Son is stressed before a basketball tournament? Normal. Before an oral presentation? Normal. Before an exam? Normal. His nervousness is even beneficial because it stimulates him.
Clammy palms and butterflies in the stomach usually disappear soon after the stressful event begins.
On the other hand, when the symptoms of stress take on disproportionate measures (vomiting, insomnia, eating disorders, lack of concentration) and no longer leave your child, we speak of performance anxiety. And that's not normal!
Recognize the signs
In addition to the physical manifestations, other signs may alert you:
- Excessive perfectionism: “I stammered three times during my oral. I could have done better. »
- Constant dissatisfaction with his efforts: “I should have studied more. »
- Lack of self-confidence: “I suck. »
- Fear of failing or undertaking a project with uncertain success: “I don’t want to do karate. The others will be better than me. »
Understanding the causes
Often performance anxiety starts very young, before 5-6year. The child is more likely to develop this problem if:
- His parents have been very demanding of him since he was little;
- His parents do not tolerate mistakes, either for themselves or for others;
- The child receives praise and compliments for everything he does;
- He can't stand failure.
A child who suffers from performance anxiety is not happy, be sure. In the long term, this permanent malaise could cause him a lot of harm, both in his personal and professional life. That's why you must act now to free him.
Your love doesn't depend on his gradesReassure him: no matter his grades, you will always love him. Explain to him that what is important is the effort he puts in.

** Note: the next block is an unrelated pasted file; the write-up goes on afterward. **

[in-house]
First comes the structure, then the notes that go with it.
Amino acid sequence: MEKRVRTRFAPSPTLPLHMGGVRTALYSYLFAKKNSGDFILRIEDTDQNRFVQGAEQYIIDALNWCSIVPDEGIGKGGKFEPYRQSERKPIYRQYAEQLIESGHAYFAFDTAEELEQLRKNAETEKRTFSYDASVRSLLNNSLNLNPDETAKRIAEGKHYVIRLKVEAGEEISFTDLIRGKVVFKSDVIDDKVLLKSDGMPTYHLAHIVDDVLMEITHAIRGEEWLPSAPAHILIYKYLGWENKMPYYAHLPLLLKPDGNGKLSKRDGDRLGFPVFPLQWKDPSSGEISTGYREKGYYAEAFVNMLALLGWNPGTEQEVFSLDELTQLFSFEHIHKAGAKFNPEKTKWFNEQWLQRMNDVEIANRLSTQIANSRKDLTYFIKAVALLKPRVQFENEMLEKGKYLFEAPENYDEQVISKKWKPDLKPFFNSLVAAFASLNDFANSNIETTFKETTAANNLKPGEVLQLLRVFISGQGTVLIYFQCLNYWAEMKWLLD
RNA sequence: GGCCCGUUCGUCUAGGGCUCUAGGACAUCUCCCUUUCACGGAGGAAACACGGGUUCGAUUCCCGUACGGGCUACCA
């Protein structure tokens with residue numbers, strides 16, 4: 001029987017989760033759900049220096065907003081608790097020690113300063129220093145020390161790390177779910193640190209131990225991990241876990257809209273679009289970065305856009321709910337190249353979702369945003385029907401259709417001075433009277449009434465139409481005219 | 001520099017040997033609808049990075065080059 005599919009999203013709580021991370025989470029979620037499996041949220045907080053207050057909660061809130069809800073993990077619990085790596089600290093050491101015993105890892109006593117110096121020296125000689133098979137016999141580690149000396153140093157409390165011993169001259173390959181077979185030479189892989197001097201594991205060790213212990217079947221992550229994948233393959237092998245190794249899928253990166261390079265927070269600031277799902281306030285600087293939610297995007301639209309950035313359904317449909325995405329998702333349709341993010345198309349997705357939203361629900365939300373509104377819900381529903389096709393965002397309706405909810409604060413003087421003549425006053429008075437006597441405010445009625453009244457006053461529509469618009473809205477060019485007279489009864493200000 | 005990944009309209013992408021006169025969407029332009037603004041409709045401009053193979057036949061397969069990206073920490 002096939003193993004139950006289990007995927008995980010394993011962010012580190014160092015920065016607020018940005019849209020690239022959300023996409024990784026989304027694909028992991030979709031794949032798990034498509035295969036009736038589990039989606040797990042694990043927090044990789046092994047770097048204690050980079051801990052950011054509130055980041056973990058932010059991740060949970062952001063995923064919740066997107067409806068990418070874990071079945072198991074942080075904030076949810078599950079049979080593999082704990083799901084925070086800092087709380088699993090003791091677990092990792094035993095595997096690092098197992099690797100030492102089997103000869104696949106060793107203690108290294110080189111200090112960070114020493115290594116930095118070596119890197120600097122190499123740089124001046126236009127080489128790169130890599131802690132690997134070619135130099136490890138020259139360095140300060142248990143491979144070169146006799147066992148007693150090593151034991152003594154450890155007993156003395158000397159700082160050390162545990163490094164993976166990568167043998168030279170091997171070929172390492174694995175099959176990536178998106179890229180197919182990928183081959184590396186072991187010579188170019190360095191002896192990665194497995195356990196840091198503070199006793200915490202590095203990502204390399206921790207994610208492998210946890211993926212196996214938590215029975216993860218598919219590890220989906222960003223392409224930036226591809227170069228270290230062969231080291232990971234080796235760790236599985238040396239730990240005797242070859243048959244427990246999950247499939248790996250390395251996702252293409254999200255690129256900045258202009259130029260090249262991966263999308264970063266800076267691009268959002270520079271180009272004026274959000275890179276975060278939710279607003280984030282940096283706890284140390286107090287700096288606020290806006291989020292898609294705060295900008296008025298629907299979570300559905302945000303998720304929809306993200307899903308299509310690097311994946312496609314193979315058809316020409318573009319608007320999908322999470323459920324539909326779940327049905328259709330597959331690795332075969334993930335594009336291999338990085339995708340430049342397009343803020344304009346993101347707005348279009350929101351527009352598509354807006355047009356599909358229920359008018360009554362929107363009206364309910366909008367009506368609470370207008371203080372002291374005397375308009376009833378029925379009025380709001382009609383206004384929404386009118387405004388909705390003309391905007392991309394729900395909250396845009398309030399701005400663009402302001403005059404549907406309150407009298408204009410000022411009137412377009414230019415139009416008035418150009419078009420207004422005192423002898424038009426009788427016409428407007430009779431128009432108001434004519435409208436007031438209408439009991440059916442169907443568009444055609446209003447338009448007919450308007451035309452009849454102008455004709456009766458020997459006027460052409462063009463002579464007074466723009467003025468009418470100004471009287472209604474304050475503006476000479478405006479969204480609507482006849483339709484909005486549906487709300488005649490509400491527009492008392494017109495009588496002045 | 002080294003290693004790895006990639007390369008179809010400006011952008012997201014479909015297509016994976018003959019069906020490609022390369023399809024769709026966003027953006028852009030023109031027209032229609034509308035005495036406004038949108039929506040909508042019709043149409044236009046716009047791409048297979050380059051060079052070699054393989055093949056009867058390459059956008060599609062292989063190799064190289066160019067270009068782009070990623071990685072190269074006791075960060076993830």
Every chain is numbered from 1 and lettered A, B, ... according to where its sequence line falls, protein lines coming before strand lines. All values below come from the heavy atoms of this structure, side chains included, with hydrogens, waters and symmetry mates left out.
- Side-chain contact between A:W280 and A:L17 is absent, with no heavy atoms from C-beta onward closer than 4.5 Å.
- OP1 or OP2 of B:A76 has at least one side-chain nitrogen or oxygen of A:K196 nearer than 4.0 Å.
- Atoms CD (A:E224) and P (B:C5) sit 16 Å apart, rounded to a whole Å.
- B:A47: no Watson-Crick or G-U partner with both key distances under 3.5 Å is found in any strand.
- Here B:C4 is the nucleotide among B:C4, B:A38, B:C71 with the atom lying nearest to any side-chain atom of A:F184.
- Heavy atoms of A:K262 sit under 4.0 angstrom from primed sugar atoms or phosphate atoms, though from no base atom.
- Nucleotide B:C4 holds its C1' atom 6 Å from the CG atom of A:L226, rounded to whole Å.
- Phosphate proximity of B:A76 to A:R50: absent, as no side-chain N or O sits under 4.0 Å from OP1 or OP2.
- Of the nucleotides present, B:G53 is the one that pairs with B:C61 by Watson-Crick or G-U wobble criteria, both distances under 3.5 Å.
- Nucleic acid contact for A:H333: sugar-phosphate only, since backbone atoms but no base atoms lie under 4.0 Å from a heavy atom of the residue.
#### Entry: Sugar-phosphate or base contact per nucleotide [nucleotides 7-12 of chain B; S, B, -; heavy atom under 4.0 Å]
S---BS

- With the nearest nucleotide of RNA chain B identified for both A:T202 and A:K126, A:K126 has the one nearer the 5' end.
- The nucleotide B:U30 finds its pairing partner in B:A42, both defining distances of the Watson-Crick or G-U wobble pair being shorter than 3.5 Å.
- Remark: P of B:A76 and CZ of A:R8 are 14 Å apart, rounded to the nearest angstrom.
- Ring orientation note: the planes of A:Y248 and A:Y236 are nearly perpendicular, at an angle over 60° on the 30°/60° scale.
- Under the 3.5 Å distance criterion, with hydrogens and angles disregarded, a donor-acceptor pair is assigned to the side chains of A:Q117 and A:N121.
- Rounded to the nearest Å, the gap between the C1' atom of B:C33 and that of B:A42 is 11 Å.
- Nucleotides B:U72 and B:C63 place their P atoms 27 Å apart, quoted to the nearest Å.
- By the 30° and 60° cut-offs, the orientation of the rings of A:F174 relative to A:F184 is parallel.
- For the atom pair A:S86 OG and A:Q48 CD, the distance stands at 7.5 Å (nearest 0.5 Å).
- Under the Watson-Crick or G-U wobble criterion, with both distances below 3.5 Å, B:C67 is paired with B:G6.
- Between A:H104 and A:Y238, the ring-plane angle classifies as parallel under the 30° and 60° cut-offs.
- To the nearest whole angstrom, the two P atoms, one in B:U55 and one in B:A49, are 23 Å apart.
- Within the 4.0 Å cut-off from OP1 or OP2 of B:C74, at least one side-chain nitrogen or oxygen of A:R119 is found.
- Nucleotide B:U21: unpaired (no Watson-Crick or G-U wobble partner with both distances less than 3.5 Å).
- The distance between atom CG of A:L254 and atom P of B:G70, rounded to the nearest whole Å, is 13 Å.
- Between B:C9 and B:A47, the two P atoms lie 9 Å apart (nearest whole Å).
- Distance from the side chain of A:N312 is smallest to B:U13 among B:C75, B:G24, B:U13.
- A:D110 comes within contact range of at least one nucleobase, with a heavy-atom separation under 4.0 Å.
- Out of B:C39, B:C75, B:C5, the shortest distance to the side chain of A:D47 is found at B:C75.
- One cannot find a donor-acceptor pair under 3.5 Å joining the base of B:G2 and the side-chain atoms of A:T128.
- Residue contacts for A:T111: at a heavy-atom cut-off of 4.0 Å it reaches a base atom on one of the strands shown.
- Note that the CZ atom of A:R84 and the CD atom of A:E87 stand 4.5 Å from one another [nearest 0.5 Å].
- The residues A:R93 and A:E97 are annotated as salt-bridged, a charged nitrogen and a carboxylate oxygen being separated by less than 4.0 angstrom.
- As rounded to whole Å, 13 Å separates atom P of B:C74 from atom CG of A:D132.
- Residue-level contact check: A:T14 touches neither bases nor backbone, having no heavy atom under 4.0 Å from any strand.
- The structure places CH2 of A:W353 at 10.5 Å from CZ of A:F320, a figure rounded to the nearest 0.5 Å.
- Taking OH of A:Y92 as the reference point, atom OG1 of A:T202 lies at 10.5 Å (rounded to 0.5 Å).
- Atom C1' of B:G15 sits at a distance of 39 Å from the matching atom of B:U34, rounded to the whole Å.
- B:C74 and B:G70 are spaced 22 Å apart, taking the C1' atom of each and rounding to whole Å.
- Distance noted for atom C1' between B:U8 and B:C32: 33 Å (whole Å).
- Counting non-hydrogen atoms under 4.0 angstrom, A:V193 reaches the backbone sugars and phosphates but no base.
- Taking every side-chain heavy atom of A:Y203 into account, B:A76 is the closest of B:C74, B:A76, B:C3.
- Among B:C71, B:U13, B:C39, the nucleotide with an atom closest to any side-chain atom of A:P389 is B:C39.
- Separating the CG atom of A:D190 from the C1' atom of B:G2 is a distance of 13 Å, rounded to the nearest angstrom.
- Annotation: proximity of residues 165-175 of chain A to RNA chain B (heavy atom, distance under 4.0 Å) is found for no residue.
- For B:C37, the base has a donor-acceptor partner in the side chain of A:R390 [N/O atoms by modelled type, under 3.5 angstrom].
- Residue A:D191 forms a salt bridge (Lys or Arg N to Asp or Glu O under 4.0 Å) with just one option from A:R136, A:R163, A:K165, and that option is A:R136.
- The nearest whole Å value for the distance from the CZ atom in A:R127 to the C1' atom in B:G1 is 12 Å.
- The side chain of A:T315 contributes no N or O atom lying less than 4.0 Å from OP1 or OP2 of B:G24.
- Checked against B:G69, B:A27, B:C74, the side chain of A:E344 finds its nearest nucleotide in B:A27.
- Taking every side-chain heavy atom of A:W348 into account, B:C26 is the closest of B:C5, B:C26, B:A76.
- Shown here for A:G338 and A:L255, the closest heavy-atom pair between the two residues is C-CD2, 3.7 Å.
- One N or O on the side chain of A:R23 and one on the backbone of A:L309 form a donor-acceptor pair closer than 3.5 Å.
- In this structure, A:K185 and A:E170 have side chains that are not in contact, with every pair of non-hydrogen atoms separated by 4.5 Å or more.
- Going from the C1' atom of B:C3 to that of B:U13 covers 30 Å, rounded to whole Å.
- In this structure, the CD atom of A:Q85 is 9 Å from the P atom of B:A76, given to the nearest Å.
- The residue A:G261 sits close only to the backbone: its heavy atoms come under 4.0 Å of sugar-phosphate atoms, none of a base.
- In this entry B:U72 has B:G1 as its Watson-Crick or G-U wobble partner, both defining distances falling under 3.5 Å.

Change your own behaviorIf you take great pride in working 60 hours a week, being the top salesperson in your company for 6 months and to constantly improve your running time, imagine the message you are sending to your child. It is normal for him to reproduce your behavior: you are his model. He will be afraid of disappointing you if he does not perform as well as you.
Helping your child will therefore require a double effort: to calm his perfectionist impulses… and yours. Learn together to do things just for fun. It's so much more fun!
You are an excellent cook, but a poor gardener. Does your kid love you less because you can't grow tomatoes? No. So explain to him that it's the same for him. Tell him that you love him for his strengths and qualities, but that his weaknesses do not alter your love in any way.
If you notice that your efforts are not bearing fruit and your child is still suffering from performance anxiety, consult the school staff, a professional at your CLSC or a psychologist without delay.